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The Visibility of the Invisible: Creative Spirituality
In her brilliant new book, The Art of Arts: Rediscovering Painting, Anita Albus says this about a detail of Jan van Eyck's painting of the Rolin Madonna: "The hidden meaning of the symbol, like everything in the painting, hints at the visibility of the invisible." With this special section, we introduce an occasional series devoted to art and religion, art and spirituality, and the visibility of the invisible.
Behind a rambling brown-shingled house in Boulder, Colorado, a thick hedge of Norwegian pines nearly conceals a 16-by-16-foot work shed. Half of the space is furnished with a cot, a plain wooden table, an electric skillet, a washbasin, and a portable toilet. On the other side of a makeshift partition is a workbench, a stool, a lathe, some rough-cut logs, and a large pile of wood shavings. A young artist bends over the lathe.
The year is 1977; the artist, David Ellsworth. For more than three years he has been supporting himself by making wooden salt and pepper shakers. He has turned out nearly 5,000 sets, manufacturing 50 at a time. This work occupies him from sunrise to late afternoon. Each evening, however, he stops, carefully places a plastic sheet over the salt and pepper sets, and then takes up a curved tool and experiments with a new artform, creating wooden pots on his lathe. One afternoon he receives a check in the mail. To his surprise, his pots have started to sell.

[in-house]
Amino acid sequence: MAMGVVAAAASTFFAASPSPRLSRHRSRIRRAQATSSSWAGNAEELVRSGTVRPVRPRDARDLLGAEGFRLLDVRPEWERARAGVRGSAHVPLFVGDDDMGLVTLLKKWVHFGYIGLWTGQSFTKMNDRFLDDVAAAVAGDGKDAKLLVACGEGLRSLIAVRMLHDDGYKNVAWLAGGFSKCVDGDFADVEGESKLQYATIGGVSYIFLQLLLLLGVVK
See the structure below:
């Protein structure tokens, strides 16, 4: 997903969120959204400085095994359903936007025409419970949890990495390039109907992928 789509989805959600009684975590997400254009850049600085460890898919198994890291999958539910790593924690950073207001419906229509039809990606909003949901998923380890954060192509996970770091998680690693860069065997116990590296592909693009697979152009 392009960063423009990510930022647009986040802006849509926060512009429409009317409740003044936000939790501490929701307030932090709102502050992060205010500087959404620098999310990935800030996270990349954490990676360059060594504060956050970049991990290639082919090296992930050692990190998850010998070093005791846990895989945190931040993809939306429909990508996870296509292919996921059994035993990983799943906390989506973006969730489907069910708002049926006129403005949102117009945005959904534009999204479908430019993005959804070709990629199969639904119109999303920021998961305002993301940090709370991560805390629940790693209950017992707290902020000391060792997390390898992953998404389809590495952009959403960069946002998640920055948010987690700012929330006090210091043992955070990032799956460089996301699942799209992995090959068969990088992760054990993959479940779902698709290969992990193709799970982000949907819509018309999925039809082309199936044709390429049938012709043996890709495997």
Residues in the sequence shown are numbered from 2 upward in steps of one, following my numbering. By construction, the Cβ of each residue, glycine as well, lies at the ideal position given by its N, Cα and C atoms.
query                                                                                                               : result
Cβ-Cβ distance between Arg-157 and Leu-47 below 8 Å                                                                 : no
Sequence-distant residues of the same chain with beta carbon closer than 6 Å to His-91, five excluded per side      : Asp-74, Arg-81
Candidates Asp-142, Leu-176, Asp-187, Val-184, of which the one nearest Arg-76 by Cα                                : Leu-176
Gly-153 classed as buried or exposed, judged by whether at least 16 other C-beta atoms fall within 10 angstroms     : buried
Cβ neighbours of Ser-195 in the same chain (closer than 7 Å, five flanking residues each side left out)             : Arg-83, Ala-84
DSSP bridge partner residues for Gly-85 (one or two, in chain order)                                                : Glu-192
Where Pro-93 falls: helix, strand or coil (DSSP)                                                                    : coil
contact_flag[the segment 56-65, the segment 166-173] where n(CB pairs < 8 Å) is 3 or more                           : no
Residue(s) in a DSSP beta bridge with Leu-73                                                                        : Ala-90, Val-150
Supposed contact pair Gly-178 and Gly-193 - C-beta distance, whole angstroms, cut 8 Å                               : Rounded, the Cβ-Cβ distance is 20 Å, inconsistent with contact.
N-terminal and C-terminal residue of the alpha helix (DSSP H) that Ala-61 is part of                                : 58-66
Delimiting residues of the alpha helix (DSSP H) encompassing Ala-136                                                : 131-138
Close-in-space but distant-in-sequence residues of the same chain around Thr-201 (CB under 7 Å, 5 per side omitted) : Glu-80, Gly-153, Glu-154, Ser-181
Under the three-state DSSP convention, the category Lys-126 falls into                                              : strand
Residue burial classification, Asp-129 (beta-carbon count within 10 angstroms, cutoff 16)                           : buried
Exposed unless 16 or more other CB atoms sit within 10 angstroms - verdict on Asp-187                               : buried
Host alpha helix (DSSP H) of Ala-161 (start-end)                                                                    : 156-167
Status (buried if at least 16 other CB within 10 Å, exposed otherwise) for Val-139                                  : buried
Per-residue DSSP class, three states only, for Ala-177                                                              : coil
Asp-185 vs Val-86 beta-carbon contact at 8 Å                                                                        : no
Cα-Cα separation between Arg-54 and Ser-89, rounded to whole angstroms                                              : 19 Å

Today David Ellsworth is one of the nation's most acclaimed wood sculptors. The wooden pots he began creating more than 20 years ago in Colorado have become his signature. They are extraordinarily delicate, with thin, satiny walls that rival those of an exquisite ceramic vase. Ranging from four to 20 inches in diameter, some are hemispheric cups with burnished edges and brightly polished interiors; others are perfect spheres, mysteriously hollowed through minuscule openings. They exude what one critic describes as "a serenity, a natural grace and an elegant simplicity," providing what another ...